It's taken a few years, but Samsung's wearable strategy has settled — as has much of the industry — on fitness as its primary selling point. This year's crop of wrist-worn products from the Korean giant include the excellent Gear Sport, along with the Gear Fit2 Pro, both with the intention of making it easy to track steps and workouts while receiving notifications.
In other words, the value proposition hasn't changed dramatically from the original Gears of a few years ago, but the 2017 refreshes put an emphasis on durability, longevity, and comfort.
Gear Fit2 Pro What you'll love
The Fit2 Pro is the direct successor to last year's Fit2, and besides the new strap design, the two could be interchangeable — at least on the surface. With a 1.5-inch vertical OLED display that gets really bright, the Tizen-based interface — black background throughout to lengthen battery life — is easy to understand and extremely touch-friendly. Samsung has this down pat.
|Display||1.5 inches 216x432 pixels|
|Processor||Dual Core (1GHz Exynos 3250)|
|Size||25 x 51.3 x 12.6 mm|
|Wireless||Wi-Fi, Bluetooth, GPS|
|Sensors||Heart rate, Accelerometer, Gyro, Barometer|
|Battery||200mAh (three to five days)|
|Compatibility||Android + iOS|
While 2016's Gear Fit2 had a built-in GPS it was only IP68 water resistant, not waterproof, which has since been corrected in its sequel. Not only can the Fit2 Pro plumb the depths of your average pool, it's certified waterproof to 5 atmospheres — even if you dive to the bottom of a pool, it'll survive. The red plastic casing has two buttons on the right, one to go back to the previous screen and the other to enter the app drawer, and they're both clicky and responsive. No complaints there.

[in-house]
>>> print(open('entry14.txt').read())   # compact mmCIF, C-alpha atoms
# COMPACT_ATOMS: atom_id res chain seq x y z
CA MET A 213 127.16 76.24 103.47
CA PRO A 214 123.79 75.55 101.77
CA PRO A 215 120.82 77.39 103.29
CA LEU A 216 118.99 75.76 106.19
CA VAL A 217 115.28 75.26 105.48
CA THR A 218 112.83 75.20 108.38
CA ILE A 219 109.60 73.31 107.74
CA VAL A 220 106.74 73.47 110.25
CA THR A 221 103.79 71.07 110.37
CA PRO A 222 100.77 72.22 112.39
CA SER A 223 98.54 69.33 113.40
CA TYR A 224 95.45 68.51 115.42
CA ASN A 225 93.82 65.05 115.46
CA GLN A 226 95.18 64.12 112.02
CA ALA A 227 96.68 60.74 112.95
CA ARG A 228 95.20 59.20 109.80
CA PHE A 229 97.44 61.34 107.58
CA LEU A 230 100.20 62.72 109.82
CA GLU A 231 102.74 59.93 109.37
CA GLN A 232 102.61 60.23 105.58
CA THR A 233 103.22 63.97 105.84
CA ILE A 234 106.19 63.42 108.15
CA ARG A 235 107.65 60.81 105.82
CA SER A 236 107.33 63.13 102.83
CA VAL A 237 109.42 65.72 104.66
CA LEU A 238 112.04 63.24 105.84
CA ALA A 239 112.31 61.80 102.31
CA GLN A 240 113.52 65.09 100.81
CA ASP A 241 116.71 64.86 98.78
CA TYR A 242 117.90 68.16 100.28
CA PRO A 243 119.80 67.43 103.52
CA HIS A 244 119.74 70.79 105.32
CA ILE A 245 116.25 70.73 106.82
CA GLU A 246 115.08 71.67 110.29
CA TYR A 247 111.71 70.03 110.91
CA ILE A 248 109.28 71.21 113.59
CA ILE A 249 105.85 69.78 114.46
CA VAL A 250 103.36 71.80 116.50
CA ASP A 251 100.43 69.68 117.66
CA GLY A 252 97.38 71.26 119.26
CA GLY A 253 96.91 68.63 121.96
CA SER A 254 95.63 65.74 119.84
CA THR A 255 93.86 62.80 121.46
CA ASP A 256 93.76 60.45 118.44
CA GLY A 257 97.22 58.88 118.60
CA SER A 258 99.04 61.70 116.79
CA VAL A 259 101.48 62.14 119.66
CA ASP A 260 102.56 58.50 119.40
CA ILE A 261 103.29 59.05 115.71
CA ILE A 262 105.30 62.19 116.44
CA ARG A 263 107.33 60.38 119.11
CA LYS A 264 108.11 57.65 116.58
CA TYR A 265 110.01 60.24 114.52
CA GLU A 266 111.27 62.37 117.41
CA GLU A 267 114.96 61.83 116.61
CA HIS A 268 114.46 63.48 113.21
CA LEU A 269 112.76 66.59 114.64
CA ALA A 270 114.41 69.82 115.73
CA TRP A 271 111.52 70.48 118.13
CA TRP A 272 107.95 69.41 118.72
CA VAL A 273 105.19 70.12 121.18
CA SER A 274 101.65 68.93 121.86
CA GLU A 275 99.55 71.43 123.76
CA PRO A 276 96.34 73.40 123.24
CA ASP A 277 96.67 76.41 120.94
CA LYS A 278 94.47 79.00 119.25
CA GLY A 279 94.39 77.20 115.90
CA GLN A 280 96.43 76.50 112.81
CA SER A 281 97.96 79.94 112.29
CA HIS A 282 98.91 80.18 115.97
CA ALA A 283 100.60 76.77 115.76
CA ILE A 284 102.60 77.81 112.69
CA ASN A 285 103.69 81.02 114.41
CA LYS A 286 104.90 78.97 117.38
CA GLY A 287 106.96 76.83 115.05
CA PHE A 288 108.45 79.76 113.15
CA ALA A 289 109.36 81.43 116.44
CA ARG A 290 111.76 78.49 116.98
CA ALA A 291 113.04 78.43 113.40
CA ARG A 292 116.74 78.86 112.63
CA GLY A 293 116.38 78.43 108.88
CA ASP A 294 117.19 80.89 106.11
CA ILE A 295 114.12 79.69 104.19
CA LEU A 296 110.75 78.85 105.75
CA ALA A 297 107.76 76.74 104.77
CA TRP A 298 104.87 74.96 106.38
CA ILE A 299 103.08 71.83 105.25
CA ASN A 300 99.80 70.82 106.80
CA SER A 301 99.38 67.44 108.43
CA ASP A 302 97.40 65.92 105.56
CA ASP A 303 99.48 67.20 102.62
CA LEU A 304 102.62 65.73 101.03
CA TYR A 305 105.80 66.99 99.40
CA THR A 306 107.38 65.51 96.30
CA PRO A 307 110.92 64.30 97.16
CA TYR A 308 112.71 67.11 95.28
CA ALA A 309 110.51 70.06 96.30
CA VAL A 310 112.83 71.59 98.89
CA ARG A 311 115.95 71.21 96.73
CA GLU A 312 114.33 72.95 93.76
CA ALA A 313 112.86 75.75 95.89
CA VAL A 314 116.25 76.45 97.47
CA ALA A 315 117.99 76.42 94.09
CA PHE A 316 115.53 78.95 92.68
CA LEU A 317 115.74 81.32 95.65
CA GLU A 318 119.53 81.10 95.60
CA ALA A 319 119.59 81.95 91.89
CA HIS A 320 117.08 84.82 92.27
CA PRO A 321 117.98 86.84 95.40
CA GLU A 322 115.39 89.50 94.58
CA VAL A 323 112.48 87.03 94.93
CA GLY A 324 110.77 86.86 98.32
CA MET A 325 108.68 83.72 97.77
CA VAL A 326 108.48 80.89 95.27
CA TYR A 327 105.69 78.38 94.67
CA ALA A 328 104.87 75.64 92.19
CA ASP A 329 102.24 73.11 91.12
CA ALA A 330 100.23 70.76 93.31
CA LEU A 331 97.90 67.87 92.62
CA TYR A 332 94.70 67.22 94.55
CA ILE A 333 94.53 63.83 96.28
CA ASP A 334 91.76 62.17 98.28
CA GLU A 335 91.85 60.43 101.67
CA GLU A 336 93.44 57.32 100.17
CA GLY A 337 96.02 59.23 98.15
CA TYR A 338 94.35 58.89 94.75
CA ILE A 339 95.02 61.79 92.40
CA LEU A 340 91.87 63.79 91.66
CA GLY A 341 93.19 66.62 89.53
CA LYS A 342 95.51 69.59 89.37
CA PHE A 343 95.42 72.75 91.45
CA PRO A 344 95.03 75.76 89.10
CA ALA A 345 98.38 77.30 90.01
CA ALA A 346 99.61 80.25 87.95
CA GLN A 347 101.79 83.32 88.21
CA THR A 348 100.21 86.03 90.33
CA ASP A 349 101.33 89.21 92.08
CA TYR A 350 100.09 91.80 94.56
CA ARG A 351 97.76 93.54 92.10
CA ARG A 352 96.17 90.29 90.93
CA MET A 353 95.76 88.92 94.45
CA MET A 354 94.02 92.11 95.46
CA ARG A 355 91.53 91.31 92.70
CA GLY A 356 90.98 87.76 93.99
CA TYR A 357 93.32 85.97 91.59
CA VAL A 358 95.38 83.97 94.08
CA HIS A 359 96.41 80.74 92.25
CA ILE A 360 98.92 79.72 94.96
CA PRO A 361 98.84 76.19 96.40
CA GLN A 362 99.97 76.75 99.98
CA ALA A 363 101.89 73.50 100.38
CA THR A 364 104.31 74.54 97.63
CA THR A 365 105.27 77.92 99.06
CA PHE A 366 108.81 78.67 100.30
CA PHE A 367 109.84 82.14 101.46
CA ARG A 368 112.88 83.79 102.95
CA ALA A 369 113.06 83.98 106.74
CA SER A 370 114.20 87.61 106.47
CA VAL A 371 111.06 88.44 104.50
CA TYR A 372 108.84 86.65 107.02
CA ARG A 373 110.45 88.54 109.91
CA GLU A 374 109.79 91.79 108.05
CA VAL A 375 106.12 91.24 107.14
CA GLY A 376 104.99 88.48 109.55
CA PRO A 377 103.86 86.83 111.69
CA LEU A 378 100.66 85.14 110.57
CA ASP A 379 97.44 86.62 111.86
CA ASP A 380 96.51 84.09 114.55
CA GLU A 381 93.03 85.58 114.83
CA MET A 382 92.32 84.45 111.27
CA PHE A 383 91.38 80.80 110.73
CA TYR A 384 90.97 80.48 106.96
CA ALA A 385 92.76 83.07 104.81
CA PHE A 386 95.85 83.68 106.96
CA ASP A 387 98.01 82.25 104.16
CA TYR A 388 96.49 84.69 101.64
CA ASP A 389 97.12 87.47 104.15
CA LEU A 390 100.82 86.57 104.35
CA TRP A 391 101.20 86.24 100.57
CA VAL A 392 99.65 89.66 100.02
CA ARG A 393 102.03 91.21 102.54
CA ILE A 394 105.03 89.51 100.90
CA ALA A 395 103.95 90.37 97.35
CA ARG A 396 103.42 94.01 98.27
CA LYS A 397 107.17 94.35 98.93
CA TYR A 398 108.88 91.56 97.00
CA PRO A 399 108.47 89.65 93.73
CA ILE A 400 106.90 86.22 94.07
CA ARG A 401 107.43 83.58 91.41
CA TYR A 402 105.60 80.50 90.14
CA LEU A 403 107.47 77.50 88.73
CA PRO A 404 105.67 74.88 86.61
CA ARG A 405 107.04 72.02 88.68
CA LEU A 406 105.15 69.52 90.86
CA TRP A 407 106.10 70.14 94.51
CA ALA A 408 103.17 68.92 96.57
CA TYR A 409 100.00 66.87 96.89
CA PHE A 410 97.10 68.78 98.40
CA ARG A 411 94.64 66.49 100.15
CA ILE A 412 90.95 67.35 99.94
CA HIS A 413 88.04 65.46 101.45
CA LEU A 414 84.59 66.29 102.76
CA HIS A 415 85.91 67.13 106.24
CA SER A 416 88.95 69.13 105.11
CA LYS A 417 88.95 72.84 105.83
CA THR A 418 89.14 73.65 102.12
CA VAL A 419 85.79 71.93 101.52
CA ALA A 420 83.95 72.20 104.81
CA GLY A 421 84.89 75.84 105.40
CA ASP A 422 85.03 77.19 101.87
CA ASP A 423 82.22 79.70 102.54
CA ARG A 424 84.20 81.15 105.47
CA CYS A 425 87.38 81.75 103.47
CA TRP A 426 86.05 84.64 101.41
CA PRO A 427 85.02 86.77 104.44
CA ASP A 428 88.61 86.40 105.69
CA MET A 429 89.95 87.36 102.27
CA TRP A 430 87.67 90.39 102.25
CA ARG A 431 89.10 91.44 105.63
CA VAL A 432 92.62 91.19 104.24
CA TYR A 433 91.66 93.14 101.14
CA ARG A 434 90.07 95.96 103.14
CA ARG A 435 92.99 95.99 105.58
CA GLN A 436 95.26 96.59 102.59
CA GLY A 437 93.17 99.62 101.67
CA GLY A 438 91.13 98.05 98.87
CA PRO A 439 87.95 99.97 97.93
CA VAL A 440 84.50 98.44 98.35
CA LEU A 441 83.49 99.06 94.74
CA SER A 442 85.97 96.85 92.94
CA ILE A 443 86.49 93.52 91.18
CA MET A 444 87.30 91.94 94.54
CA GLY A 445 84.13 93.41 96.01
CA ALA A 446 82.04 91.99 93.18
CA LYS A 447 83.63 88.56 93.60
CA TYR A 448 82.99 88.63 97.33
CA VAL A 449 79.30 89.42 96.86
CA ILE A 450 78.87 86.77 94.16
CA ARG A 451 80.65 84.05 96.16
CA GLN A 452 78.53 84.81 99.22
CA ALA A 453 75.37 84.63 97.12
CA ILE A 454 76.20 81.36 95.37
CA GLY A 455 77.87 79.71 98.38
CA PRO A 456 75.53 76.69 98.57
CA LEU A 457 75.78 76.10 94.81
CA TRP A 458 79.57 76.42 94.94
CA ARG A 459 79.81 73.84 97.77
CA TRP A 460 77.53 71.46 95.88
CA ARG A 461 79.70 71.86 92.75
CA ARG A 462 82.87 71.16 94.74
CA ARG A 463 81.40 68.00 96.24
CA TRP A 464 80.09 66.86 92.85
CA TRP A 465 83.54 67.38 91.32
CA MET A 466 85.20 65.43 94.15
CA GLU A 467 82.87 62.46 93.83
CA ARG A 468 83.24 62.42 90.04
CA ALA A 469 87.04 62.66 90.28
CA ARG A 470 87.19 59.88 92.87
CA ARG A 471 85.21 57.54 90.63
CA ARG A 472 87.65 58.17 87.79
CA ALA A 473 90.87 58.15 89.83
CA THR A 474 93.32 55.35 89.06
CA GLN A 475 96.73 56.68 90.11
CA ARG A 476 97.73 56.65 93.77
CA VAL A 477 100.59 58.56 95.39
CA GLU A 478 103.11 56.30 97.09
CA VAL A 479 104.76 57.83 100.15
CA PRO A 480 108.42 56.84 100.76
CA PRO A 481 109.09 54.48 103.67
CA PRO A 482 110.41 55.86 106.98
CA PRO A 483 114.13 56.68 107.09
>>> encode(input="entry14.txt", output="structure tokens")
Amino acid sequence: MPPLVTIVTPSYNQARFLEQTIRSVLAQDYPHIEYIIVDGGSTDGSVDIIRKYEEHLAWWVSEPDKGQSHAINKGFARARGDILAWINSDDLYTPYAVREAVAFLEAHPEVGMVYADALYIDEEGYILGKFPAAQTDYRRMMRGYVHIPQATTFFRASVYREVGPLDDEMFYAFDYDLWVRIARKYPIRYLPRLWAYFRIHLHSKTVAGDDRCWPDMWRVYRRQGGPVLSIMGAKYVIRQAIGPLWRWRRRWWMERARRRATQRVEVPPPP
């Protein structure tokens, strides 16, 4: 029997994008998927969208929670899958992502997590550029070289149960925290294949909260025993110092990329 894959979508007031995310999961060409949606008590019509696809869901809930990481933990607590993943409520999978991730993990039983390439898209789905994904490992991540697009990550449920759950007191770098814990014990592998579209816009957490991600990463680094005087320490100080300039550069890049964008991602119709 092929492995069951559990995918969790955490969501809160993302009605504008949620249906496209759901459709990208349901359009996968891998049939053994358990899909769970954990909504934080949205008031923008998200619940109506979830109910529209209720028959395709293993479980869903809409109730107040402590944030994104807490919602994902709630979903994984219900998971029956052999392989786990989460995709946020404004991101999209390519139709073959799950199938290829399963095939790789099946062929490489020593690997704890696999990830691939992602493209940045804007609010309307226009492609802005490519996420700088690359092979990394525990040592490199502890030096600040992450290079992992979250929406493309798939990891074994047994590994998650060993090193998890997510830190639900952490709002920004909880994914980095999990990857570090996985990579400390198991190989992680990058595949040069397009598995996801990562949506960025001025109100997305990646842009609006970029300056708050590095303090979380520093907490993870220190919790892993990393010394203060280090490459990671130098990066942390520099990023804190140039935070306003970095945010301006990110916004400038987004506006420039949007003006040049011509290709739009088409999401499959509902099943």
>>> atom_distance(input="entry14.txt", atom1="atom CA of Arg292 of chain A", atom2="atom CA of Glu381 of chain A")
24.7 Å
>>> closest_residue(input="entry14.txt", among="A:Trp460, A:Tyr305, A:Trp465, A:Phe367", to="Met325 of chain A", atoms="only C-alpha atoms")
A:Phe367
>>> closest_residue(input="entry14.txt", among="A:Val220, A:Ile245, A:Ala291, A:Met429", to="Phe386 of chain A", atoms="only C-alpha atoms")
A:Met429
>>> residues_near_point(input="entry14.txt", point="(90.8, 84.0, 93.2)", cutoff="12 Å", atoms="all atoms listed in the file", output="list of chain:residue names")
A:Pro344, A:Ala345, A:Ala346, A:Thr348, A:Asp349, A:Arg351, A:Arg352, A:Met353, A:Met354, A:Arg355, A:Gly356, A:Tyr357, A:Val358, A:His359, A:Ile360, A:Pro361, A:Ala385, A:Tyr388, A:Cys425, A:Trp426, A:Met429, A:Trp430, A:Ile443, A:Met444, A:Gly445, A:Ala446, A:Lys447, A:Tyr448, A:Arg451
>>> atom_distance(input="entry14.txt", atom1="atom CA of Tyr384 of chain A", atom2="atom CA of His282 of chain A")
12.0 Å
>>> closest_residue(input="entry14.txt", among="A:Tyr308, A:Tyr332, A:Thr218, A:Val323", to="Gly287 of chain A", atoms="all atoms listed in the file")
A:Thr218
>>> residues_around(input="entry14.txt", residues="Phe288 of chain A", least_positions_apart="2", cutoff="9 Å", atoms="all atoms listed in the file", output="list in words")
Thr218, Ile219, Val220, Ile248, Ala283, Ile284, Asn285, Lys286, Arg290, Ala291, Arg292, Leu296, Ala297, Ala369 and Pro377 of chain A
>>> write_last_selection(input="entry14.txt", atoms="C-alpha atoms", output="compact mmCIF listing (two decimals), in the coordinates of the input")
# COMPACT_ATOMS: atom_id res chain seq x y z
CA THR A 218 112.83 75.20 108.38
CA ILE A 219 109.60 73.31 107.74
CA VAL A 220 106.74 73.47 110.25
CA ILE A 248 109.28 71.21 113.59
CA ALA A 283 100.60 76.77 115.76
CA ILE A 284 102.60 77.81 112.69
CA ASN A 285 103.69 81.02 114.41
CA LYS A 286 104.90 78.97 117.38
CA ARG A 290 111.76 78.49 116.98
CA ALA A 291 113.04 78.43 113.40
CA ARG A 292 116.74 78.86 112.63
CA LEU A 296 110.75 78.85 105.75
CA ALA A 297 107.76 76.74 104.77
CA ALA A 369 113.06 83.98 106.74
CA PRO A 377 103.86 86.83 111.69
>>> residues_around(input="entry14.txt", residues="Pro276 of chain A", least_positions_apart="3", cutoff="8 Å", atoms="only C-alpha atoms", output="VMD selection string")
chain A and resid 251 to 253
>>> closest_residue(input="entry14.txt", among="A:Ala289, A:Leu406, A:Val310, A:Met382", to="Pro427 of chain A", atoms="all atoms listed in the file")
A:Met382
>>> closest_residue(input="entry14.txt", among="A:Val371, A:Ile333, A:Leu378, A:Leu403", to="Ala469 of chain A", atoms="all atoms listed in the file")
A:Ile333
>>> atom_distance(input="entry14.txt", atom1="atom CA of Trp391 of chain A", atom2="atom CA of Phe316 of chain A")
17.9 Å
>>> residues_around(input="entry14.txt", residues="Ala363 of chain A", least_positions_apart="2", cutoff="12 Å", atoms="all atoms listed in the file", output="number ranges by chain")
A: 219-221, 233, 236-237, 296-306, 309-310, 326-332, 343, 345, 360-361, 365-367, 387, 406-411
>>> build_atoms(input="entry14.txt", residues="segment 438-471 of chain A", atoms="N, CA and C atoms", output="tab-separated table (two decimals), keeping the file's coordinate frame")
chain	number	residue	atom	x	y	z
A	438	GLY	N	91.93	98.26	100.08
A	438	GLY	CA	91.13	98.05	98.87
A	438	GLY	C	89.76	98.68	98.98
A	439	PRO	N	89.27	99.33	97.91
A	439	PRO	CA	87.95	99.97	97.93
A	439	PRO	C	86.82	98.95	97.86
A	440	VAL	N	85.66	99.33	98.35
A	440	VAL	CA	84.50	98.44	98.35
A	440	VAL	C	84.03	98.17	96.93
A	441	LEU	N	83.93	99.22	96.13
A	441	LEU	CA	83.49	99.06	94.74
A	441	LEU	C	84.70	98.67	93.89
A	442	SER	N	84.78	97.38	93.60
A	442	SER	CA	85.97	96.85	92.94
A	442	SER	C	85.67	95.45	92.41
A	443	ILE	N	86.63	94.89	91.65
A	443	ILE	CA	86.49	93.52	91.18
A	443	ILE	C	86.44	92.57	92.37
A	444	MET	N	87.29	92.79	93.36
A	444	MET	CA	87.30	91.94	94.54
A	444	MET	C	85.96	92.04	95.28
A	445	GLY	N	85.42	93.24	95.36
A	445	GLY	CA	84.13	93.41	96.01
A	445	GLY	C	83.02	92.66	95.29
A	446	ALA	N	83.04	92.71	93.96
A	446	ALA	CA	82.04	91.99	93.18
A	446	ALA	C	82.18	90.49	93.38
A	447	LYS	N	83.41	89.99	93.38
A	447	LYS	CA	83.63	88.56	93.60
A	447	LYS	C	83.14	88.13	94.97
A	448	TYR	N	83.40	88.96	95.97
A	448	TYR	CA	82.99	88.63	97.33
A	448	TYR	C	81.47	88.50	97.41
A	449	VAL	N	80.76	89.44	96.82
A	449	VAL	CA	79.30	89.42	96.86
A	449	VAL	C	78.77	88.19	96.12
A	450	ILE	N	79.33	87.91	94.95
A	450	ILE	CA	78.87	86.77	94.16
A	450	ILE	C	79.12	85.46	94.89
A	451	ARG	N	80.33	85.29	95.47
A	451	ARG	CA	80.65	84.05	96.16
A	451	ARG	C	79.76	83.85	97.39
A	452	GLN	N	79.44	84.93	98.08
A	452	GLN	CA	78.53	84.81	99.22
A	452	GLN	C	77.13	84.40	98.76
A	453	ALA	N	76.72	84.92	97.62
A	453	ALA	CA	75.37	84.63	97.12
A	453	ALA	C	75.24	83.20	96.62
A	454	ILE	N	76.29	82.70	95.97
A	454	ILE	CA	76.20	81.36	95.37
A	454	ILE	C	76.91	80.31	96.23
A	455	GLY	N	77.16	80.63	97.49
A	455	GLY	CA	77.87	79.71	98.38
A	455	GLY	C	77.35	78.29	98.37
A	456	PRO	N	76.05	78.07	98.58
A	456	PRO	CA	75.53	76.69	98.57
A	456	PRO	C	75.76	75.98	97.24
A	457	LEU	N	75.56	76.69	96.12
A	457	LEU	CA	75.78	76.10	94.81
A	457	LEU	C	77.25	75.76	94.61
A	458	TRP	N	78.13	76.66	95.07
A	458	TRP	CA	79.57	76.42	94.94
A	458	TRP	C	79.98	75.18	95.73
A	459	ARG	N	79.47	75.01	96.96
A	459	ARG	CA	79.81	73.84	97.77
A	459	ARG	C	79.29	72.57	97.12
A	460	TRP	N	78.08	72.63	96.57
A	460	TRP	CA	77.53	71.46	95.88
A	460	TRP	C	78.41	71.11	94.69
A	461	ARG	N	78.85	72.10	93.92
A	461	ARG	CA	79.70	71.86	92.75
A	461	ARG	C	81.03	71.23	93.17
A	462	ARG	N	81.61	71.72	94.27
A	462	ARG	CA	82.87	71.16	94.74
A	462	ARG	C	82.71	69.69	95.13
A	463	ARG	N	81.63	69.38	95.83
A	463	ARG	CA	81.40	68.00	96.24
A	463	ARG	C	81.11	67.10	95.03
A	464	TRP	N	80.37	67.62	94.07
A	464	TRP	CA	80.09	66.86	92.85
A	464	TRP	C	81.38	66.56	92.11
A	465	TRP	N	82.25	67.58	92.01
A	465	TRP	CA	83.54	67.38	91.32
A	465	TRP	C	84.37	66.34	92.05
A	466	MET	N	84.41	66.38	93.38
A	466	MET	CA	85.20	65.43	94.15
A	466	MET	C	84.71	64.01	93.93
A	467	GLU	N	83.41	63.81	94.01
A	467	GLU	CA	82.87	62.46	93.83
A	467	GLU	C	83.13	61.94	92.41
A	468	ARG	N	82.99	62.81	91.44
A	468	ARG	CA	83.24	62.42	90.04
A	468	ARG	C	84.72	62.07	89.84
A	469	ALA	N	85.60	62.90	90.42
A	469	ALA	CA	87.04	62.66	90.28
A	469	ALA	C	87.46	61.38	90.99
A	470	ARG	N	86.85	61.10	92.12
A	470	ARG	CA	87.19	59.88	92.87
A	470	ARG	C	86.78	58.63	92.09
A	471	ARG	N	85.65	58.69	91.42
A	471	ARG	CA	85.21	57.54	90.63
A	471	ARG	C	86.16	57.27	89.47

The Fit2 Pro lives up to its name: it effortlessly tracks workouts, automatically after 10 minutes or as directed by you when engaging in something specific like a bike ride or swim, and records a number of worthwhile metrics including heart rate, steps taken, floor climbed, and more.
It actually takes heart rate measurements constantly throughout the day, similar to the latest Fitbits, and does so with accuracy; I wore a Fitbit Ionic on another wrist for a day and found the metrics to be close enough to satisfy me. I'm no athlete; I just want a fairly robust approximation of my steps taken, calories burned, and route taken. That the Fit2 Pro is comfortable enough to wear the whole day without noticing it is helpful, too.
All of those things are table stakes for a so-called fitness tracker, but the Fit2 Pro emulates a smartwatch in a number of impactful ways; it shows notifications in a dedicated area to the left of the watch face, and even allows users to action them — reply to a text message, for instance — in certain situations. Generally, if you can reply to a message on an Android Wear watch, you can do the same here (though only with a selection of canned responses or emoji).
Notifications are easily one of my favorite aspects of the Fit2 Pro; it's ostensibly a fitness tracker, but it conveys what's happening on your phone better than the more-expensive Fitbit Ionic, and about as well as its "real" smartwatch counterpart, the Gear Sport. Yes, the long-and-thin screen wraps sentences oddly at times, but it requires less scrolling as a result, and the touchscreen is capable of keeping up. I missed the Gear Sport's rotating bezel, but not as much as I thought.